Charcoal Stove Concept From Marshall Islands
Michael N Trevor, Ememanit, January 24, 2007
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A little background
Ememanit is a small Islet along the north side of Majuro atoll in the Marshall Islands in the central Pacific. I have maintained a residence there on and off for many years. I have done small scale sustainable farming fishing and ecological work over the years. This is why I choose it as a moniker.
I was Peace Corp volunteer here in the Marshalls many years ago as well. In the outer islands nearly all cooking is open fire cooking. A plain pit is often used but the drum have become a standard. There have been a number of different devices imported and tried over the years and simply said nothing lasts. Eventually it breaks rusts corrodes, falls apart what ever. A cast iron Hibachi with charcoal is nice and works quite well. Of course the quality of those went out the window about 20 years ago. The Japanese "Toyoset" stove is beautiful. but at 70.00 USD and $5.00 a gallon kerosene just get out the matches and light up the fire.
Attached are three sets of drawings, the idea is from after I finished Peace Corps a went back to school nearly 30 year ago.
The basic idea was to make better use of the coconut shells after making copra. It is excellent fuel. It also make very fine charcoal. Because of the labor involved this is usually done to a limited extent only, the most common use fire irons for cloths. Beside if you have burned up the shell cooking then there is not that much left for charcoal.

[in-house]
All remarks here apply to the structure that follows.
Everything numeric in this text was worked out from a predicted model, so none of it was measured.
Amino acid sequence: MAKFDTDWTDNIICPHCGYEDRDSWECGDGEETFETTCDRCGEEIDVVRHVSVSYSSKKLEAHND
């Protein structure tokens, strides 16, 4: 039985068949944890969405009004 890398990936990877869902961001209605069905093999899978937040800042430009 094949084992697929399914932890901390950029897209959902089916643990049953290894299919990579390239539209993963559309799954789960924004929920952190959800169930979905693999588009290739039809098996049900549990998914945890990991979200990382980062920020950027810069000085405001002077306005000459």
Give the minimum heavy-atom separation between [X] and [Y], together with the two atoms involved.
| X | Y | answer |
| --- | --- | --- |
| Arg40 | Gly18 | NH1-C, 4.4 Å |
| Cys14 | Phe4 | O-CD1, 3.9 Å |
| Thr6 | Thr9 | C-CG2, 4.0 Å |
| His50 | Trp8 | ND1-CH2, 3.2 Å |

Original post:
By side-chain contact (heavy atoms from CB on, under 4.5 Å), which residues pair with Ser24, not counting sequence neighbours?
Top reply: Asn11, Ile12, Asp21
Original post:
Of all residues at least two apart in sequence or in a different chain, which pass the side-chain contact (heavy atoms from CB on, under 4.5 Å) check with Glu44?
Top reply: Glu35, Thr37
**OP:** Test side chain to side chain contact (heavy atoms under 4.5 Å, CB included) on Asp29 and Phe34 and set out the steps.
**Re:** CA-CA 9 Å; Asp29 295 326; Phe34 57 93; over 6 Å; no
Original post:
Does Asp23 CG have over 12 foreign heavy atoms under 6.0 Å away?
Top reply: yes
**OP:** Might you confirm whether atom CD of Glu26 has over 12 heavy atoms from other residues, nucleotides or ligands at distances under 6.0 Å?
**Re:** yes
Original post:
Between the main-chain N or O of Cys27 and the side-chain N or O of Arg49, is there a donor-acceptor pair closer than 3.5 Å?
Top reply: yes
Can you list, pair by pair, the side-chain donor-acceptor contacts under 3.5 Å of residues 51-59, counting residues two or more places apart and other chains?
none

The idea was to use a heavy iron cylinder/pipe (12 in diameter, 3/8 in thick) with venting and a set of welded tabs on the inside on which to set a vent fire grate, adn a single opening or fire door for air. The idea was to fire off the shells on the lowest level and say heat water , tea coffee soap what ever. Then as the fire burned down then using a Two hooked tool lift and turn the grate up to the next level and put on the next round of cooking say rice. Then with the shell burned down to a bed of coals move the grate up to the top level where meats could be grilled or fried.
As I note this was the theory 30 years ago. I felt is would make better use of the shell and make more available for charcoal or any other desirable use. I think it would still work reasonable well in light of the nature of coconut shells as fuel. I find it interesting the column like nature along with the venting approaches a number or more modern designs today.
I would be interested in people views and suggestions ---
I also have a great number other questions that come up as I review the site an pick up ideas
Michael N Trevor